Smurfs 10 (2029)
Internal reboot of the franchise Lucas Cruikshank aka Fred Figglehorn as Gargamel Jr, a combination of Gargamel’s genetic code and Smurf Essence. Gargamel Jr. sets his sights on [city with best tax rebates] and it’s up to The Smurfs to stop him.
Smurfs 11 (2031)
A twist on Warren Beaty’s Reds with Smurf Village subbing in for Russia. Gosnell’s final film. The first appearance of the classic “Gingerbread Smurfs.”
Smurfs 12 (2033), Smurfs 13 (2035), Smurfs 14 (2037)
Raja Gosnell’s son Blue (a nod to his life’s work) takes the reins for a triptych of films inspired by C.S. Lewis’ The Space Trilogy. While filled with interdimensional adventuring, the movies aim to confront higher powers and tie Smurf mythology into Christian lore.
Smurfs 15 (2039)
A psychedelic musical romp set to old and new tunes by the recently reunited One Direction.
Smurfs 16 (2041)
With renewed interest in the found footage aesthetic, The Smurfs find themselves stuck in a haunted house in an adaptation of “Smurfing For Ghosts.”
Smurfs 17 (2043)
The death of Papa Smurf prompts a rare “Smurf Games,” an event that decides which Smurf will take on the mantel.
Smurfs 19 (2045)
Brainy unearths a dusty tome while cleaning out Papa Smurf’s hut. It’s a journal, chronicling the only time Papa and Gargamel ever worked together. Hayden Christensen stars as their adversary, Lord Balthazar.
Smurfs 20 (2047)
Similar to Cloud Atlas, Smurfs 20 recounts the past lives of The Smurfs greatest heroes. The film caps with the destruction of Smurf Village and eventual resurrection of their society on another plane of existence. The ghosts of Patrick and Grace linger in the background.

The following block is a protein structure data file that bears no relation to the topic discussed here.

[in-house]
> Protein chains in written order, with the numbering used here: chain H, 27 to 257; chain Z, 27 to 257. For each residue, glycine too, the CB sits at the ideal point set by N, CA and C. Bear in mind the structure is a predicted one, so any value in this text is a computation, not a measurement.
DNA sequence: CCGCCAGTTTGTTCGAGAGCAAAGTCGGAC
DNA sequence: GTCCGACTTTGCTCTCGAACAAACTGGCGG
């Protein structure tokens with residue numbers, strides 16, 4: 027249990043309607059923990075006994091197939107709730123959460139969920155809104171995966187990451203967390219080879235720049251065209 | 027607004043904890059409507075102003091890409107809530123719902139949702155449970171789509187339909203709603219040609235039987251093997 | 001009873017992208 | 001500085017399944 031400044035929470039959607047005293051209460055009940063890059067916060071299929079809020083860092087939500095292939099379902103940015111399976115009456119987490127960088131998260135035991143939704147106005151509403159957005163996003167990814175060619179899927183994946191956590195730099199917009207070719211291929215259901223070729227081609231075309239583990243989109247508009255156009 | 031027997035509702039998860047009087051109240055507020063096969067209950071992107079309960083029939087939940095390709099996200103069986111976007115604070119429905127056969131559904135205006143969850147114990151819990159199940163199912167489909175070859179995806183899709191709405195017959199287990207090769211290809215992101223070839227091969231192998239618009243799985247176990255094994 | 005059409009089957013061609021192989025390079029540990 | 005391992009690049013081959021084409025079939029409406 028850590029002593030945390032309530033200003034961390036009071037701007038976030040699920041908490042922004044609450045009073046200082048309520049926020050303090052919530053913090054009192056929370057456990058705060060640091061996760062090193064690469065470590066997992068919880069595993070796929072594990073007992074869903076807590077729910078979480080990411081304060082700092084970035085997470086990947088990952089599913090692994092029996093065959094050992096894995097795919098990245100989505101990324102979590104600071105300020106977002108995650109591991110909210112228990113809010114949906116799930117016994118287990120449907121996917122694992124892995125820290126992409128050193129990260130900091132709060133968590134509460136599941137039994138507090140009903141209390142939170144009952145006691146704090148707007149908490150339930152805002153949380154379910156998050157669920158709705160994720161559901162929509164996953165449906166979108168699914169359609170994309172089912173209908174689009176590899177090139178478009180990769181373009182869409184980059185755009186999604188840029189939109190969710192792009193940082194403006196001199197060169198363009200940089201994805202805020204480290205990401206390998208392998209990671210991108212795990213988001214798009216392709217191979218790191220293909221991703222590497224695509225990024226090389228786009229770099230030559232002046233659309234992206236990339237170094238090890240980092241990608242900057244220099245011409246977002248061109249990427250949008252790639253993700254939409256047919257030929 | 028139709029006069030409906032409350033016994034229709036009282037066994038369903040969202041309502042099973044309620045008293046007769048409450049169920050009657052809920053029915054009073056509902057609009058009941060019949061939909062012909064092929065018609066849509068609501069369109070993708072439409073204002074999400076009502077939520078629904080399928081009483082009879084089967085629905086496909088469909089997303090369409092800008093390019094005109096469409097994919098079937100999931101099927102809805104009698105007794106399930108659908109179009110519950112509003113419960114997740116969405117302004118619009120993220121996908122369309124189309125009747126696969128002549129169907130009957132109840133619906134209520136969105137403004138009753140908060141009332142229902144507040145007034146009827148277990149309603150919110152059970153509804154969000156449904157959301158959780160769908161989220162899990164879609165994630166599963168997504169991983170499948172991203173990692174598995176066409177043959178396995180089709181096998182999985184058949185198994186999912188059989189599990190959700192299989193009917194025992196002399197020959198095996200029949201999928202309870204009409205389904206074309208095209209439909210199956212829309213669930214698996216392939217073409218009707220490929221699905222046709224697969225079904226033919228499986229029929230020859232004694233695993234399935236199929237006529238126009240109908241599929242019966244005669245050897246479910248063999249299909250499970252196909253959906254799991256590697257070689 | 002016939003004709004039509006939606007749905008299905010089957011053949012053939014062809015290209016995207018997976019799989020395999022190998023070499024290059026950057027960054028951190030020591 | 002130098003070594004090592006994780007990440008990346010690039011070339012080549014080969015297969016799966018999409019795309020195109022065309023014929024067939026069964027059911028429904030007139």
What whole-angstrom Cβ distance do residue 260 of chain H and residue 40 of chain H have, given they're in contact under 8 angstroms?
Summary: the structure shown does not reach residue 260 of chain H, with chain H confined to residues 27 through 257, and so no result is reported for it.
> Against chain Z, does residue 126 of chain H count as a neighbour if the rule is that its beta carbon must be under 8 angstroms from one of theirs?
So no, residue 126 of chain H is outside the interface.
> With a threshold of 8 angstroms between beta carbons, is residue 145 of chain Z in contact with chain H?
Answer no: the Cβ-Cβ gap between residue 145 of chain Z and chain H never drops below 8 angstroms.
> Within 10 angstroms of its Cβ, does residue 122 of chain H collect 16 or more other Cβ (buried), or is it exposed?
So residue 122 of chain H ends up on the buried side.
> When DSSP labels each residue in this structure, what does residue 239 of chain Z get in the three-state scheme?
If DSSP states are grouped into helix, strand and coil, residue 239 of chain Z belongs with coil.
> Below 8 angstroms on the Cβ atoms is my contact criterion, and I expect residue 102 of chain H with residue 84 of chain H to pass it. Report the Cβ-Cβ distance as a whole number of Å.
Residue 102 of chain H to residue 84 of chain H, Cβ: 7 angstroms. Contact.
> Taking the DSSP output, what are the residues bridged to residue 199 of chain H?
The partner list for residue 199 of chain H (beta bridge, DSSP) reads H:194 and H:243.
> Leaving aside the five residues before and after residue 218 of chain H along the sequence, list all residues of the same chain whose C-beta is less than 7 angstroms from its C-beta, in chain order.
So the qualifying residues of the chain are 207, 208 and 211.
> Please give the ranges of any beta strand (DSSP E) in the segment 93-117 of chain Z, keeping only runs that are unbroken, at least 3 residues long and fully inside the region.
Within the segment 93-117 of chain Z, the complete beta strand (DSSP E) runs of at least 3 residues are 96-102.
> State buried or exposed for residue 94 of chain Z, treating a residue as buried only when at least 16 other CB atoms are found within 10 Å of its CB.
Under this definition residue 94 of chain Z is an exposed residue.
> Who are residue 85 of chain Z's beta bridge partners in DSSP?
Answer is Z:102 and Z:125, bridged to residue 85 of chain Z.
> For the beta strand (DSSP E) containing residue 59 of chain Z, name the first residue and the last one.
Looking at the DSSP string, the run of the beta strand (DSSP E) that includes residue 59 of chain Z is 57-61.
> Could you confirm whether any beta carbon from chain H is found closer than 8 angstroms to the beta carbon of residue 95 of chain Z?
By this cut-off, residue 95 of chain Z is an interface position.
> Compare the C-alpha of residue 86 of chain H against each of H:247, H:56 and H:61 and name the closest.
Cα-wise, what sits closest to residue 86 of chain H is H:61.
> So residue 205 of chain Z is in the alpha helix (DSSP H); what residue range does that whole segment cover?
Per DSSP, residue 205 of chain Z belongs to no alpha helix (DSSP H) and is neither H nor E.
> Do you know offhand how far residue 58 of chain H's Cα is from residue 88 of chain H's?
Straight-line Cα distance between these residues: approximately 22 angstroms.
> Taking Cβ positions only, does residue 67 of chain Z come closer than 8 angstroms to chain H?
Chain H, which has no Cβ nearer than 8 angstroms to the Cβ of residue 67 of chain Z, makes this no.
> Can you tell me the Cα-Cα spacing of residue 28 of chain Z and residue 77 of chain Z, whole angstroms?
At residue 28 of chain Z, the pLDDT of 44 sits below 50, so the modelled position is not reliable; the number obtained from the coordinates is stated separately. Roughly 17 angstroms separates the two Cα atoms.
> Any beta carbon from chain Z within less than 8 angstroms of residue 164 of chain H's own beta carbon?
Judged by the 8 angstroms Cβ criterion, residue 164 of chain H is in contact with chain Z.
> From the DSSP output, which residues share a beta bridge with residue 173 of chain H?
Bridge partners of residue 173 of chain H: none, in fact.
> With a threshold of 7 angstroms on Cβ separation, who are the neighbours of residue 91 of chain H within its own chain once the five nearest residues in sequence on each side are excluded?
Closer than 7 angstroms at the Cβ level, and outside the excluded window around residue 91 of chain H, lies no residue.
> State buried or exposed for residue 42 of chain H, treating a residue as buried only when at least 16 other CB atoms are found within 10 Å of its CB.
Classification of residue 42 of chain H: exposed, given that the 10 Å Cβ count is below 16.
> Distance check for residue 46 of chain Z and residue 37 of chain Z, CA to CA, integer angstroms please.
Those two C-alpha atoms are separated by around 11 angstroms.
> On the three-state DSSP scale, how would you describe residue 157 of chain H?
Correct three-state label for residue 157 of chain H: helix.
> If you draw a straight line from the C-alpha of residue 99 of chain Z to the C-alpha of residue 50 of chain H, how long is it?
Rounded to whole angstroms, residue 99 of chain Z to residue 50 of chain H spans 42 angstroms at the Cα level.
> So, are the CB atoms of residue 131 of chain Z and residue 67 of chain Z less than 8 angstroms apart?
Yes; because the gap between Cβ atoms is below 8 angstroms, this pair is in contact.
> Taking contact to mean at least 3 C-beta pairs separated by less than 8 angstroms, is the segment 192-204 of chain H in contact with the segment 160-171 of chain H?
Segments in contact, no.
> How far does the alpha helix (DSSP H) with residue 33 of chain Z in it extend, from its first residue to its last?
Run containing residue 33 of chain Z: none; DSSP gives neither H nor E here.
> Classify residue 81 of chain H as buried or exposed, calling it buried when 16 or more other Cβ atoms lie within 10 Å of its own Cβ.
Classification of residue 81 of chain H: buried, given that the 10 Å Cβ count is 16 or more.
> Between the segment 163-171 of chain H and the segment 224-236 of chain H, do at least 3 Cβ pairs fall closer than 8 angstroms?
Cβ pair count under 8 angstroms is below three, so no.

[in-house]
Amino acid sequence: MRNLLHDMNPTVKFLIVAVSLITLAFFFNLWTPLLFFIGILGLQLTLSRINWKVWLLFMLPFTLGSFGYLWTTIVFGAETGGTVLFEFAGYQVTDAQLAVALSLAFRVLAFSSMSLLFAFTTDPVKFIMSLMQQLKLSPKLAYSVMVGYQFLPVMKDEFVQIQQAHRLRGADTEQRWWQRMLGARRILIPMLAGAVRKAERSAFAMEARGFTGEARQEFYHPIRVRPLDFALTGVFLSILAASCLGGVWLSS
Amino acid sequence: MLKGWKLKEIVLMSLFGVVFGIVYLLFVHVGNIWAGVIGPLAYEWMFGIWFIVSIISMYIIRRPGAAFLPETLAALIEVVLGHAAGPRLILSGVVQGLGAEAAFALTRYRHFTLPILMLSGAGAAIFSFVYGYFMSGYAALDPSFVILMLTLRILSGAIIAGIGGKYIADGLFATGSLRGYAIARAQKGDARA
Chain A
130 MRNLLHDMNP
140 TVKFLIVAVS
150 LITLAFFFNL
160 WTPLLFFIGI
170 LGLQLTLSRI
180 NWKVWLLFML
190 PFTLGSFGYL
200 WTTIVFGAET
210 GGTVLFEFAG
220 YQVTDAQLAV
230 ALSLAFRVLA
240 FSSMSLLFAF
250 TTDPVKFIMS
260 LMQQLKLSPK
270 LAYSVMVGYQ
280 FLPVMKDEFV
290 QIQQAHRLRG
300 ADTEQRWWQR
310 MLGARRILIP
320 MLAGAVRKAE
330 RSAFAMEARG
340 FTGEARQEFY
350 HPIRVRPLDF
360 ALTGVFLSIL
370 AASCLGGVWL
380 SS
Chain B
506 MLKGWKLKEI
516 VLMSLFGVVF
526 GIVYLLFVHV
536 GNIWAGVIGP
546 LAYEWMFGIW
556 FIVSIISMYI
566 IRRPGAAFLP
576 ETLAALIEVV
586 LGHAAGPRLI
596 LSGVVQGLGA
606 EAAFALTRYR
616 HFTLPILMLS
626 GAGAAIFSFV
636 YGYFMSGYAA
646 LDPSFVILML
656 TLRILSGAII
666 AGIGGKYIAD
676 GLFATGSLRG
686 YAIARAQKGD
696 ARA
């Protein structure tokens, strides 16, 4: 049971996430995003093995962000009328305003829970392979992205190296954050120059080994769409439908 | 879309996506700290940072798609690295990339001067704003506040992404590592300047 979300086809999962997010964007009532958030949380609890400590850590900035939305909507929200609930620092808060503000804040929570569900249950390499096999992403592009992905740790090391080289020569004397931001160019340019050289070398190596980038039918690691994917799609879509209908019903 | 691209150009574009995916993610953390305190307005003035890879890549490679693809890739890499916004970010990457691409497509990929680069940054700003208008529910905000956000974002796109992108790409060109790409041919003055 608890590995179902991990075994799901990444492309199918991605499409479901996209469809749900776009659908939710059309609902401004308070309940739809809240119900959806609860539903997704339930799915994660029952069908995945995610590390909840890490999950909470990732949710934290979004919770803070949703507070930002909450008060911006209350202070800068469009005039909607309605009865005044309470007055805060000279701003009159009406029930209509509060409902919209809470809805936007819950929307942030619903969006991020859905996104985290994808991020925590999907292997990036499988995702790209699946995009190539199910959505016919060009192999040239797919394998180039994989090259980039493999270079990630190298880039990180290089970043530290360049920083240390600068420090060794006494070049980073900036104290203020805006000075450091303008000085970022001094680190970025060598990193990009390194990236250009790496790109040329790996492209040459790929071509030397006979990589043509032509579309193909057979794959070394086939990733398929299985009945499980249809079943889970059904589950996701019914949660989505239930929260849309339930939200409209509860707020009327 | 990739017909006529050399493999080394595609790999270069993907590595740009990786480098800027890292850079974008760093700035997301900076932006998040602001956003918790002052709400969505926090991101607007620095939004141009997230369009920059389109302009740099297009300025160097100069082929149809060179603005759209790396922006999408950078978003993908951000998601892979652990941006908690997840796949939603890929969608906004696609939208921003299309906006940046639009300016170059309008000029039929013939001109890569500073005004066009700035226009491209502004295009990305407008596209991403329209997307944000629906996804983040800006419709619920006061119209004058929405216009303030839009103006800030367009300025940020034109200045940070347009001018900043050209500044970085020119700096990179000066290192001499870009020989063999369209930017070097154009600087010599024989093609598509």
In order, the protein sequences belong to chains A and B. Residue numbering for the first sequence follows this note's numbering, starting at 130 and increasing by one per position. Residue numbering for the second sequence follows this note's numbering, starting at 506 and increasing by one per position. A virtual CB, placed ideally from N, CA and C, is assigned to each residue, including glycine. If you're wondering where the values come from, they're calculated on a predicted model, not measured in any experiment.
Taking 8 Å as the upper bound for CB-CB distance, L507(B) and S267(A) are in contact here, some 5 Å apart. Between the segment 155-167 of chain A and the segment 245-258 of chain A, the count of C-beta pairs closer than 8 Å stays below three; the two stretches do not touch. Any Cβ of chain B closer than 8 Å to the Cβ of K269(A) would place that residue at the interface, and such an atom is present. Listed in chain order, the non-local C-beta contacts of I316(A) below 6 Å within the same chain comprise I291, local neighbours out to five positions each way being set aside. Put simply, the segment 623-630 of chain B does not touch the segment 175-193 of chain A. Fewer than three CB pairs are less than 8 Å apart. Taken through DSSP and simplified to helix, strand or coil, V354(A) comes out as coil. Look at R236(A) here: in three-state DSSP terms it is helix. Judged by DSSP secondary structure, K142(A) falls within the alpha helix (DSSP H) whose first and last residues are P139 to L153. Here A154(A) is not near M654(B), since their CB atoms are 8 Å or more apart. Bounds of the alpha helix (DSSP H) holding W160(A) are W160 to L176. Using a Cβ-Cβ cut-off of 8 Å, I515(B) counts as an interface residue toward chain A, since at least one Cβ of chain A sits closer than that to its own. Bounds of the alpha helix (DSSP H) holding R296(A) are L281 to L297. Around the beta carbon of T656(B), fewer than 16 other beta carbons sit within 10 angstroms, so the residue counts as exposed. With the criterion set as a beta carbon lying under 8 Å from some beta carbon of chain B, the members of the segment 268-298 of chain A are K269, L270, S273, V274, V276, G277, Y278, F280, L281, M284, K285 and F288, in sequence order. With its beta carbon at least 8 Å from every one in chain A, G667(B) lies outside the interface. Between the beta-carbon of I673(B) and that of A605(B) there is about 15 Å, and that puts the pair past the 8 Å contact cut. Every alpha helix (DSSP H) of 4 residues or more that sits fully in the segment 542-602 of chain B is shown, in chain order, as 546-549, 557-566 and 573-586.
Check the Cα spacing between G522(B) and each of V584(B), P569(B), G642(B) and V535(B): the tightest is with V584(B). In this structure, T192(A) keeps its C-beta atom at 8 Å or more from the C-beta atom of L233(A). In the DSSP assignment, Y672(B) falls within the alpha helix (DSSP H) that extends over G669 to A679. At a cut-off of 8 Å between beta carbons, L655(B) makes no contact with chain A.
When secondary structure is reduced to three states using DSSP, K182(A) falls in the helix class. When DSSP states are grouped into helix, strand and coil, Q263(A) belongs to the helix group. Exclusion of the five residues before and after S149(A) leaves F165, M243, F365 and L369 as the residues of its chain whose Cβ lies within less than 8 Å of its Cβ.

Here is Andy Kabel's and my never-before-seen cooking show audition tape. Rejected by people who can actually cook.
This week David Ehrlich, Matt Patches, and Jordan Raup of TheFilmStage.com play themselves in a review of Seth Rogen’s directorial debut This Is the End. Rogen alongside James Franco, Jonah Hill, Jay Baruchel, Craig Robinson, Danny McBride, and Emma Watson in the apocalyptic comedy, but does the meta-approach work wonders or signal the end of the Apatow era?
Really insightful conversation with Birbigs on ending his show at Carnegie Hall and making his next move as a filmmaker. Glad to make this my first piece for Film.com!
The above NYC-based Q&A (happening on Friday, April 12) is moderated by me! Check out the movie and stick around for a few questions. Recommended.
The Tina Fey & Paul Rudd Comedy Web
This week on Operation Kino, Katey and Dave have doubleheader tidbit talk about NBC and HBO’s Girls, Patches defends his love of The Smurfs, and the guys get into a conversation about what makes some humor offensive.
Saw this at midnight and had a blast. Ridiculous.
Talking This Is 40 with the guy behind most of the great TV and movie comedies of the last 20 years.
"In times like these, you need a white President you can trust. And that white President’s name is Barack Obama."
Eric Snider is one of the funniest people I know and this song is the perfect example.